The Gallery Viewer’s Experience

It would be nice if you could also adjust individual thumbnail widths but this would make the plug-in harder to use and would present complications for the plug-in developer. The Isotope Gallery automatically arranges the thumbnails on the screen into columns of equal width. The number of columns depends on the thumbnail widths and the page width. One of the nice things about the gallery is the cool way it automatically resizes and reflows the thumbnails when you change the browser width.  When that happens what the viewer sees is that the thumbnails are animated from their current locations to new locations on the page as determined by the new screen width. It’s a very attractive effect.  The same thing happens on a mobile device when you rotate it from landscape to portrait or vice-versa. Try it on my Gallery page.

Similarly, when you change your browser’s window width or rotate your device while viewing the large version of an image, the image being viewed is resized and repositioned. So, for example, if you’re viewing a landscape image while your tablet is in portrait orientation and then you switch to landscape for a better look the photo resizes and repositions itself to take advantage of the new layout. Again, it’s done smoothly with a nice animation that lends a touch of elegance.

Grouping and Filtering Photos

Isotope Gallery Groups

Another nice feature is that you can create multiple groups of photos to allow your website visitors to quickly see a subset of your photos. For example, you could group your photos into portraits, landscapes and sports categories. When someone first visits your gallery page all three groups would be displayed but they could filter by category by clicking just “portraits” or “sports.”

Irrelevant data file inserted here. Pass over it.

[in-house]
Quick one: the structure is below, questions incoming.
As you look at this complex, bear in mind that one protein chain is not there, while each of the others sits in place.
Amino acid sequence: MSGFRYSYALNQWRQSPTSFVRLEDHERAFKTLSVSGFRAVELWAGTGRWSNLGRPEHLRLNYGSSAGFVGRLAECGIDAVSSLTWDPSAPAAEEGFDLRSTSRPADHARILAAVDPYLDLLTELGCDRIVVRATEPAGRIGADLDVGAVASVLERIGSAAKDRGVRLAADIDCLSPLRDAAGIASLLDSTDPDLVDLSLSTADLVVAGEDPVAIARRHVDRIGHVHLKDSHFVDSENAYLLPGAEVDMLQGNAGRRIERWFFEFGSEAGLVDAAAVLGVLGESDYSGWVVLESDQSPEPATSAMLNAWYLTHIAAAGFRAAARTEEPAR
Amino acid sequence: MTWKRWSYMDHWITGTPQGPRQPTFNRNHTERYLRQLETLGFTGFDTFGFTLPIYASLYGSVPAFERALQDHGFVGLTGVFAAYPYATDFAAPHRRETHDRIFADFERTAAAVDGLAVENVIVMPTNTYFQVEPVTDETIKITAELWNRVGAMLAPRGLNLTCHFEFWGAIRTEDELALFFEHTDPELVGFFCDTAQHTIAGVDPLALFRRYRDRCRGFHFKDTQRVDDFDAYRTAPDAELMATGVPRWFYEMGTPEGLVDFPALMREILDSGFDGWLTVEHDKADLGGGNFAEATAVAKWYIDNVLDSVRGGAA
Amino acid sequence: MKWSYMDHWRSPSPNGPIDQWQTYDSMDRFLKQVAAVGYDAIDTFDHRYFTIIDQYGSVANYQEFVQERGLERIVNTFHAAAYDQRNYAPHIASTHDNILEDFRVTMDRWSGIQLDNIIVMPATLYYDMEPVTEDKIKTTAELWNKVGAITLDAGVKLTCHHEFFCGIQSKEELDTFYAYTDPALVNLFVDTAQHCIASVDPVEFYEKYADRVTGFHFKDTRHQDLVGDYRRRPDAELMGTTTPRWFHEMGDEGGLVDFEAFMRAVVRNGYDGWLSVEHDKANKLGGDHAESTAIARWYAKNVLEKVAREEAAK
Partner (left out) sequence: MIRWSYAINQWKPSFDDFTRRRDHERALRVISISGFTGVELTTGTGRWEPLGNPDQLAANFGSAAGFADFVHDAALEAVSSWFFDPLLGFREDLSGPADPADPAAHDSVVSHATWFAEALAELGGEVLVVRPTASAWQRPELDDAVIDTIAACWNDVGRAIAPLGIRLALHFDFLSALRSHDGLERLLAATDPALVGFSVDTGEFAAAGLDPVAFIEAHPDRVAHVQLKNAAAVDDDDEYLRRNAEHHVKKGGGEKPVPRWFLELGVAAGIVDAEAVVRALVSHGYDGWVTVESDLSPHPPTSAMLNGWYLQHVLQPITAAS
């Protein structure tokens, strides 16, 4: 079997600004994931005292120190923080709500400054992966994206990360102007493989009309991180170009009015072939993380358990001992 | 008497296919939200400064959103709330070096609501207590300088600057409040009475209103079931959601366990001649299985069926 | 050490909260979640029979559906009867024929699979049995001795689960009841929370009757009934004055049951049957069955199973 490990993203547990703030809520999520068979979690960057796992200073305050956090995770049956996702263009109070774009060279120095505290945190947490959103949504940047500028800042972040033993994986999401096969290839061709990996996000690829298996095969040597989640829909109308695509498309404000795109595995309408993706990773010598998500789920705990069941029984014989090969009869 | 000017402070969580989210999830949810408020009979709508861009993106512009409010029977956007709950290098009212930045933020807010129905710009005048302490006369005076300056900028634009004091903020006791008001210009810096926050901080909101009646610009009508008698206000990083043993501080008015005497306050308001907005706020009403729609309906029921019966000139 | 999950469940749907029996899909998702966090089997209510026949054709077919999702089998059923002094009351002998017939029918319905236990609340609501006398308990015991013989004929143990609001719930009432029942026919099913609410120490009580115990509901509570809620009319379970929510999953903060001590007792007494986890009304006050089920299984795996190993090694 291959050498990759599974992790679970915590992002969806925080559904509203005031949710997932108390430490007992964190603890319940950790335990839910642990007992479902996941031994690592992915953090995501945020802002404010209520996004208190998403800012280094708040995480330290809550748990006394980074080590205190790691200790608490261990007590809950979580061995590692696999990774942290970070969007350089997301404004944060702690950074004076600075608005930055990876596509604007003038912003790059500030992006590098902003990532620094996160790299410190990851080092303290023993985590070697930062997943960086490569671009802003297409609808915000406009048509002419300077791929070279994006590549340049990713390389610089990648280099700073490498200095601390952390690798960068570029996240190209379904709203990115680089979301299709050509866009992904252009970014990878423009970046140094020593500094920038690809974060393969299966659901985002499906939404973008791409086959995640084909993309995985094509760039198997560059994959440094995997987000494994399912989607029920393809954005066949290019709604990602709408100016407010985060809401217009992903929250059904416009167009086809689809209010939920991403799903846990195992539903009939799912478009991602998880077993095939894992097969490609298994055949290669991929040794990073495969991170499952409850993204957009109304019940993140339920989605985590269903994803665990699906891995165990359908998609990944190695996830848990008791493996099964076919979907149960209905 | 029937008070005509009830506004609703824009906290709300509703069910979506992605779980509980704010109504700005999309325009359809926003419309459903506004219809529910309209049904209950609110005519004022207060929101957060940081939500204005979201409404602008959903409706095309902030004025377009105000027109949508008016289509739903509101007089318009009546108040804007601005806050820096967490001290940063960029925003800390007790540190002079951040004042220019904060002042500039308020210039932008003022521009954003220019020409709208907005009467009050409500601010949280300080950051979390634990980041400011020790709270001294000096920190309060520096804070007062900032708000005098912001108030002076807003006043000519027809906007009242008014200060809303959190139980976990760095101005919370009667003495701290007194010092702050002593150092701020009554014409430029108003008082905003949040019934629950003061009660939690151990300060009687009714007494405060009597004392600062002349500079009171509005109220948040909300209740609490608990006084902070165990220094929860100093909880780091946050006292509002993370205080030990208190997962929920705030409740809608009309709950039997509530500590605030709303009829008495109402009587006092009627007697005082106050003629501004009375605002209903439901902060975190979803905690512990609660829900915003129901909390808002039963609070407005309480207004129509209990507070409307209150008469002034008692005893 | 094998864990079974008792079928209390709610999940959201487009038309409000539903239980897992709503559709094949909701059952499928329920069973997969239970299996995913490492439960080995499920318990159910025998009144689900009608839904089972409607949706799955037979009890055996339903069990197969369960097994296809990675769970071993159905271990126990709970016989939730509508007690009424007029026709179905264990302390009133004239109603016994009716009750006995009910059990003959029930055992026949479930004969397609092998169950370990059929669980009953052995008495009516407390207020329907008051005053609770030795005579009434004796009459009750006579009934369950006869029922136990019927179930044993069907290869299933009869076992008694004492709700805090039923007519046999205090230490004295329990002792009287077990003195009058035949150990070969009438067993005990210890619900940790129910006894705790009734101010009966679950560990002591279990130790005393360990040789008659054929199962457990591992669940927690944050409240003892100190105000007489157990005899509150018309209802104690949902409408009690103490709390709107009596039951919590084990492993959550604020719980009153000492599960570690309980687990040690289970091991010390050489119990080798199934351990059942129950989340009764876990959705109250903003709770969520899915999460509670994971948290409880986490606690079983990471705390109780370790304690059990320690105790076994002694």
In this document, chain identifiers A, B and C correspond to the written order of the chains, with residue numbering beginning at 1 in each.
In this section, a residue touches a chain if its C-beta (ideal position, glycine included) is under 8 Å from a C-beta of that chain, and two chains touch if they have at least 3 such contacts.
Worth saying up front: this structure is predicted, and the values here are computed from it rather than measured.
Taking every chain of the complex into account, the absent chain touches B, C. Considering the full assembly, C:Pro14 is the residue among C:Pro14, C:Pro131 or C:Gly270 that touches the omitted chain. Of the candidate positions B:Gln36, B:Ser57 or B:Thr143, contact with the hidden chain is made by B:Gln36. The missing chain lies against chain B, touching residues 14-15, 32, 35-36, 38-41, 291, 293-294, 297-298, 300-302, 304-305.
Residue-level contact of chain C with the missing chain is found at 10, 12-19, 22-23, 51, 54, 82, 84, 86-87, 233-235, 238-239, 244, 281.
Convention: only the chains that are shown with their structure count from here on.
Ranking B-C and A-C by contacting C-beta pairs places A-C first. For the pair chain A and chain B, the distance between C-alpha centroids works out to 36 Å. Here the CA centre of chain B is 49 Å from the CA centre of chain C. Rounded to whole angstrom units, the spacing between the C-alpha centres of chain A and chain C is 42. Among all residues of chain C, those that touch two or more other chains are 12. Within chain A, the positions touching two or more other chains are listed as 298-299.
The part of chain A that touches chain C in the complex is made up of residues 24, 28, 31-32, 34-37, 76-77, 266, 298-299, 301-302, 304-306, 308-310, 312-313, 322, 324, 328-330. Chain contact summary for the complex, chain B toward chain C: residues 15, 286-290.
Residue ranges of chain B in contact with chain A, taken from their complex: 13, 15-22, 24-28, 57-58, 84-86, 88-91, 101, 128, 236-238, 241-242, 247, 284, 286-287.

Unfortunately, there doesn’t seem to be any straightforward way to disable this feature. I’m not currently using that feature and my workaround has been to delete the group titles. This still leaves an empty line with the word “ALL” (representing all the photos) at the right margin of the gallery page (which visitors see). When you do this it also means that the gallery group all but disappears from the plug-in’s WordPress dashboard. Normally, you see the group label (e.g., “sports”) which you can click on to expand the group for editing. But with no title all you see is a thin bar with a two-headed arrow. Clicking the bar opens a panel with all your photos and you can proceed as usual but you do have to be aware that the panel shrinks down almost to nothing when closed.

Creating a Gallery Page or Post

You can create as many gallery pages or posts as you like. Creating a gallery page or post is a two-step process. First, you go to the Isotope Gallery plug-in page in your WordPress dashboard and create a new Isotope Gallery. As described above, you add one or more groups as needed and then you add your photos to the group(s). Then you go to your page or post and insert a shortcode like the one shown in the screenshot below. You get the ID from the Isotope Gallery screen where you create/edit your gallery. The shortcode for each gallery is shown in the Gallery properties sidebar:

Isotope Gallery Shortcode

You can copy/paste that shortcode from the sidebar right into your page or post.

There is one thing to be aware of if your blog has any subscribers. If you have subscribers, they automatically get an email each time you post. However, when you post a gallery all they will see is the shortcode instead of the image thumbnails.

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  1. Pingback: Justified Image Grid Gallery Plugin Saves the Day | The Photo Performance